A national conference on climate change hosted by Catholic Earthcare Australia (CEA) in Canberra from 18th to 20th November heard that global warming could create a new wave of dispossessed people – environmental refugees.
The warning followed a Position Paper launched by the Catholic Bishops Committee for Justice Development Ecology and Peace, which urged all Australians to cooperate in open dialogue and face the radical changes required to tackle global climate change.
CEA was set up in 2003 by the Australian Bishops’ Conference and is chaired by Bishop Christopher Toohey.
In the keynote address before more than 300 delegates, Bishop Toohey said that human induced accelerated climate change “raises serious moral and spiritual questions, not just for Catholics but for all Australian citizens and leaders, and calls for change in our way of life.
“Scientific research has concluded that humans have caused rapid global climate change by contributing to ever higher concentrations of greenhouse gases, 80 per cent of which comes from the burning of fossil fuels.
“This build up of greenhouse gases in the atmosphere is gradually increasing world temperatures that will lead to higher sea levels as icepacks and glaciers melt. We are also seeing the occurrence of more violent weather events, widespread droughts in some areas and lower food production in others,” Bishop Toohey said.
“If we act now the changes can be slowed and harm can still be minimised.”
Conference organizer and Executive Officer of CEA, Colin Brown, drew attention to United Nations figures released during the conference that revealed a blowout in Australia’s greenhouse gas emissions.
“These alarming figures, released ahead of the international climate change conference in Montreal later this month showed that Australia’s emissions have increased by a massive 23 per cent in the past 13 years,” Colin said.
“They expose a decade of lost opportunity in Australia in which things are getting worse, not better.”
Speaker after speaker in a packed program that combined theologians of many faiths with scientists warned of the need for urgent and immediate action.
Saying that it’s almost too late for humans to do anything about it, Fr Denis Edwards from Adelaide continued to urge us to try harder and learn to adapt to the changing situation.
“Most importantly, we need to care for the victims, most of whom have had little to do with the causes of global warming,” he said.
One such case was highlighted by a passionate presentation by Fr Michael McKenzie from the Kiribati islands in the Pacific which average just 2 metres above sea level.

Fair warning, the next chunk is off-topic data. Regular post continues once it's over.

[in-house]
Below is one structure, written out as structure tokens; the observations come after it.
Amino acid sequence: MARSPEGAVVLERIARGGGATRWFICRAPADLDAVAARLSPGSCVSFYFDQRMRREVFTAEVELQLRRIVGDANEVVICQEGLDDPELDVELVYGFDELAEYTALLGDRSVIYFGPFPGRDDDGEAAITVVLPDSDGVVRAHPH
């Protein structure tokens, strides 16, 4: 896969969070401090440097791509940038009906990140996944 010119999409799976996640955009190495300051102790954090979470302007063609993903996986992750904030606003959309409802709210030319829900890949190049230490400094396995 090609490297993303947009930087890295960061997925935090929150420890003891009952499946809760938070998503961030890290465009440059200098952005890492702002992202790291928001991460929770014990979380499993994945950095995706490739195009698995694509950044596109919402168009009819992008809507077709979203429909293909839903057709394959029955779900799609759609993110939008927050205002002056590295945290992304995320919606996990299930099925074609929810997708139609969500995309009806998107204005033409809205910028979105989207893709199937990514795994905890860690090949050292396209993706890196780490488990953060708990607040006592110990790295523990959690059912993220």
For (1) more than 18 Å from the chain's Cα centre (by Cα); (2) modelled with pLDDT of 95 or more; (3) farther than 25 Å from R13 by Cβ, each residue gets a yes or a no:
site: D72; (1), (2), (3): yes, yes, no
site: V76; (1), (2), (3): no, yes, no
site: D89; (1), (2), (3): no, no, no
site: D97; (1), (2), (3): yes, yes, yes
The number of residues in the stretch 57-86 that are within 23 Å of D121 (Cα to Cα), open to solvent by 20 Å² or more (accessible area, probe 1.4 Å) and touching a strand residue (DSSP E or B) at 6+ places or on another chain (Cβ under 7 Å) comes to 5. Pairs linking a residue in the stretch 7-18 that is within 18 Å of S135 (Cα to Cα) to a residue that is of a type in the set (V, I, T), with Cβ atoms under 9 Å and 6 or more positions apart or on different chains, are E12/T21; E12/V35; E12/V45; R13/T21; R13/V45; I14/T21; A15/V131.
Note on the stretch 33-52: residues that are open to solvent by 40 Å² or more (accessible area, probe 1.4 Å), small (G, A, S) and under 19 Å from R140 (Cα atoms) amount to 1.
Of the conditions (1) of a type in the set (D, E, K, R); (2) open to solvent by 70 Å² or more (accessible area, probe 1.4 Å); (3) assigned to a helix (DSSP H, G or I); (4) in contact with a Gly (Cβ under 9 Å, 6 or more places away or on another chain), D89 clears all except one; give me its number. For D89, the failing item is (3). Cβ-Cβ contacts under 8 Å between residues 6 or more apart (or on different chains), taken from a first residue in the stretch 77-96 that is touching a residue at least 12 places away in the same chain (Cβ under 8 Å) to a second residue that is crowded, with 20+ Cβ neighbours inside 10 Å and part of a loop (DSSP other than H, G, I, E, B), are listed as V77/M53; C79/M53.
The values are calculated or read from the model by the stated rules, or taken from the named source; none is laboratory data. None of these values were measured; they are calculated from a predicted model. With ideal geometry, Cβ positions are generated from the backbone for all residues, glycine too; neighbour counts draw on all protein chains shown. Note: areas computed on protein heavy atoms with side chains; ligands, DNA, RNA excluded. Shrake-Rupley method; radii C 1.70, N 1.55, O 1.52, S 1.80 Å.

Like other low-lying lands such as Bangladesh, the livelihoods of the entire island nation are under threat.
“Water supplies and soil fertility are being threatened by the intrusion of salt water; medicines from roots and leaves have lost their quality, drought is experienced for six-month periods and the coolness of early hours in the morning is no longer felt.
“While we believe in the rising of the sun as a sign of hope, we also see the rising of the seas as a sign of death,” he said.
“I came to this conference and Australia with an SOS on behalf of our nation. When our people have to start swimming, will Australia be disposed to help us?
“We may be the first of a new wave of environmental refugees, victims of climate change largely brought about by the developed world,” Fr Michael said.
Human-induced climate change is already having disastrous effects in the tiny island nation of Tuvalu, which has already begun an exodus of its population of 11,000 due to rising seas. New Zealand is now accepting them as environmental refugees.
Australian Catholic leaders urged the government to show solidarity with poor nations and island states that will inevitably suffer from the effects of climate change.
“It has always been the church’s mission to hear and respond to the cry of the Earth and its inhabitants – both human and non human,” Bishop Toohey said.
Other speakers at the event included eminent astrophysicist Fr Bill Stoeger SJ, climatologist Dr Jeannette Lindsay, biomedical scientist Professor Tony McMichael, environmental commentator Fr Sean McDonagh SSC, and Religious Education consultant Patricia Hindmarsh.
Award winning American environmental photographer Gary Braasch, who is renowned for his risk-taking action photography of extreme climate events, also presented graphic pictorial evidence of a world under stress from climate change.
Weatherman, Mike Bailey was helped by ABC personality Alexandra de Blas in the facilitation of discussion.
The conference was a national response from the bishops of Australia to mobilise the country’s six million Catholics to take decisive action to take greater responsibility and protect the increasingly threatened natural environment.
“It was Pope John Paul II who called for the urgent ‘ecological conversion’ of the world’s Catholics in 2001,” Bishop Toohey said. “As stewards of creation we all have a serious responsibility.”
Released by Catholic Earthcare Australia